During the Easter holidays, the World Health Organization (WHO) recorded the highest Listeria outbreak in history. The outbreak which stemmed from a meat-production plant in Polokwane, South Africa has claimed the lives of about 189 people in the country. The country’s National Institute for Communicable Diseases has confirmed 982 cases of listeriosis since the outbreak began in January.
Listeria has an incubation period of up to 70 days, meaning that experts expect more cases will be reported in the coming days. Additionally, ready-to-eat meat products like those produced by the Polokwane factory have a long fridge life and can cross-contaminate other products, increasing the likelihood that more people will be infected.
Listeria infections are typically caused by eating contaminated food. Most healthy people under the age of 65 will have symptoms such as diarrhoea and fever, though these infections are rarely diagnosed.
The infection is much more dangerous for older adults, people with weakened immune systems, and pregnant women (as it can cause miscarriages, stillbirths, and newborn death).
However, an otherwise healthy person who is not pregnant typically does not need treatment. Symptoms will usually go away within a few weeks.
If you are pregnant and become infected with listeriosis, antibiotics may often infect the foetus or newborn. Babies who have listeriosis receive the same antibiotics as adults, although a combination of antibiotics is often used until your doctor is certain the cause is listeriosis.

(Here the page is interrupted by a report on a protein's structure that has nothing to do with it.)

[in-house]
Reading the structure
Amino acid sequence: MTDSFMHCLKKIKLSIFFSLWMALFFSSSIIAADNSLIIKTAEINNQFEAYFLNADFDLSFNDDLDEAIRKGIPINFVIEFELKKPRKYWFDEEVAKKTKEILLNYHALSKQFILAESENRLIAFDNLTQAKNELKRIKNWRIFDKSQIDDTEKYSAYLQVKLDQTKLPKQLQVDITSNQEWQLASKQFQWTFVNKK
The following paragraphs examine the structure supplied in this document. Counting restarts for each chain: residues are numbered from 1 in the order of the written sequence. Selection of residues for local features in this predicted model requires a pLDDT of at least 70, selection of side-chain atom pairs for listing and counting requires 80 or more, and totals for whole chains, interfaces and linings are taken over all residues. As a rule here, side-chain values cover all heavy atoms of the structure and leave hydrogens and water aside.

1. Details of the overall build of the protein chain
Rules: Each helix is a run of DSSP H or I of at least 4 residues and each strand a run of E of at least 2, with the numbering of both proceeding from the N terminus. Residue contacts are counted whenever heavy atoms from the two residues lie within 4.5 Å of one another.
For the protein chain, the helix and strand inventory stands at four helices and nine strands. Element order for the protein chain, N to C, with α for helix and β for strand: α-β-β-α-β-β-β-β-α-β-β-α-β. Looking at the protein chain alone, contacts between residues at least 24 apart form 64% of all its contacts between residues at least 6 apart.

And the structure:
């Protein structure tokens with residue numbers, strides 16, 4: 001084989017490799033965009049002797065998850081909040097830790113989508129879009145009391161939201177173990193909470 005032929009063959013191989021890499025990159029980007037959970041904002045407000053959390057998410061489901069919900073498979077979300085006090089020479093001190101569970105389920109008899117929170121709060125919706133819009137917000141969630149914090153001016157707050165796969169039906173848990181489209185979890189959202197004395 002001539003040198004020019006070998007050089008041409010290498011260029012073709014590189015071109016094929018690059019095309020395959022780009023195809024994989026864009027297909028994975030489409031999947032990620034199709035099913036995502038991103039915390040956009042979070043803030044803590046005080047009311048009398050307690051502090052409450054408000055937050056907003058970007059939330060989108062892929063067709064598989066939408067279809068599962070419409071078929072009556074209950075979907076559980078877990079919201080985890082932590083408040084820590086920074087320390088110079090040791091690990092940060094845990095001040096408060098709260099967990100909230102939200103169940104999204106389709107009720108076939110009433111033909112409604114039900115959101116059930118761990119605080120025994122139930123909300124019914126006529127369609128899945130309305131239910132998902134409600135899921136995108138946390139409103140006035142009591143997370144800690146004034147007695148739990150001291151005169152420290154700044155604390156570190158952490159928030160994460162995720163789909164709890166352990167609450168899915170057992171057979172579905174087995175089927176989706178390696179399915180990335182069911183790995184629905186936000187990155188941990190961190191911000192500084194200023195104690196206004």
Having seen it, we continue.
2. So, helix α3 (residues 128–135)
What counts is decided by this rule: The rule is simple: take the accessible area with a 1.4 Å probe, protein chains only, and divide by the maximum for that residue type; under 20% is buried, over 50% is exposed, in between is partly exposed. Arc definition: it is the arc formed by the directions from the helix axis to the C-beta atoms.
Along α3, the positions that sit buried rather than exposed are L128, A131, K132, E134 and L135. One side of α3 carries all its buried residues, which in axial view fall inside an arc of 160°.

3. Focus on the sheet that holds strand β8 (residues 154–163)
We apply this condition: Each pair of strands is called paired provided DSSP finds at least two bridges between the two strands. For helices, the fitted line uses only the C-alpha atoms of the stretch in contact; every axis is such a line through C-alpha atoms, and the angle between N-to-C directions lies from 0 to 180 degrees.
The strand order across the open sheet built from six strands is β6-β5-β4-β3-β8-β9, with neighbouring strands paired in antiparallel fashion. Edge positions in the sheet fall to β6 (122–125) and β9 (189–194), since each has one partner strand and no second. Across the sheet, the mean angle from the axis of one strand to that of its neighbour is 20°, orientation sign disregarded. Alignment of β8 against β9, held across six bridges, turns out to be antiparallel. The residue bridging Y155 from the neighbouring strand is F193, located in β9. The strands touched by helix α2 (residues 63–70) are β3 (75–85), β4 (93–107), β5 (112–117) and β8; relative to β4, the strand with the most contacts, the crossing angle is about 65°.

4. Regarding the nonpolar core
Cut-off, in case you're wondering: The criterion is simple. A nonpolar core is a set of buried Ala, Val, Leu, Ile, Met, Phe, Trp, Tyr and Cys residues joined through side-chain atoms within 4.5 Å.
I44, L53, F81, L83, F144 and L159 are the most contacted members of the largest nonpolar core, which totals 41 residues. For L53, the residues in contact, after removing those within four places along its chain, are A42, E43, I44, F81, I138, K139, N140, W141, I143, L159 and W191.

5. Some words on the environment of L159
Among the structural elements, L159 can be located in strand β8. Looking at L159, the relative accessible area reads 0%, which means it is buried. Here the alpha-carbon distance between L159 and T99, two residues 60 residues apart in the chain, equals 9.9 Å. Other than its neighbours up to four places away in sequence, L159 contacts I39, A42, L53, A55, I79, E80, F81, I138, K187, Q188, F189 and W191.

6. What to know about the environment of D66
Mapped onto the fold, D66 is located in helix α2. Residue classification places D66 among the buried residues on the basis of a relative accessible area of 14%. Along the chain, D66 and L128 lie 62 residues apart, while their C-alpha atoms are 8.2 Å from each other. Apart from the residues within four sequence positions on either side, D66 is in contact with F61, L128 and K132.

According to the Centre for Disease Control and Prevention, roughly 1,600 people get listeriosis each year, and about 260 dies. The most recent major listeria outbreak in the US was in 2011 when seven people died after eating contaminated cantaloupe.
The meat-production plant, Enterprise Foods’ Polokwane production facility, issued a recall on its ready-to-eat processed meat products on March 4.
The homepage of Enterprise Foods’ website is currently a public safety announcement, asking customers to remove products from their refrigerators, place them in sealed plastic bags, and return them to stores for a full refund.
The incident in South Africa is the largest listeria outbreak that has ever been detected, the World Health Organization said earlier this month. WHO additionally expressed concern that the outbreak could spread to different African countries and is offering assistance in monitoring and the diagnosing of listeria if needed by Governments.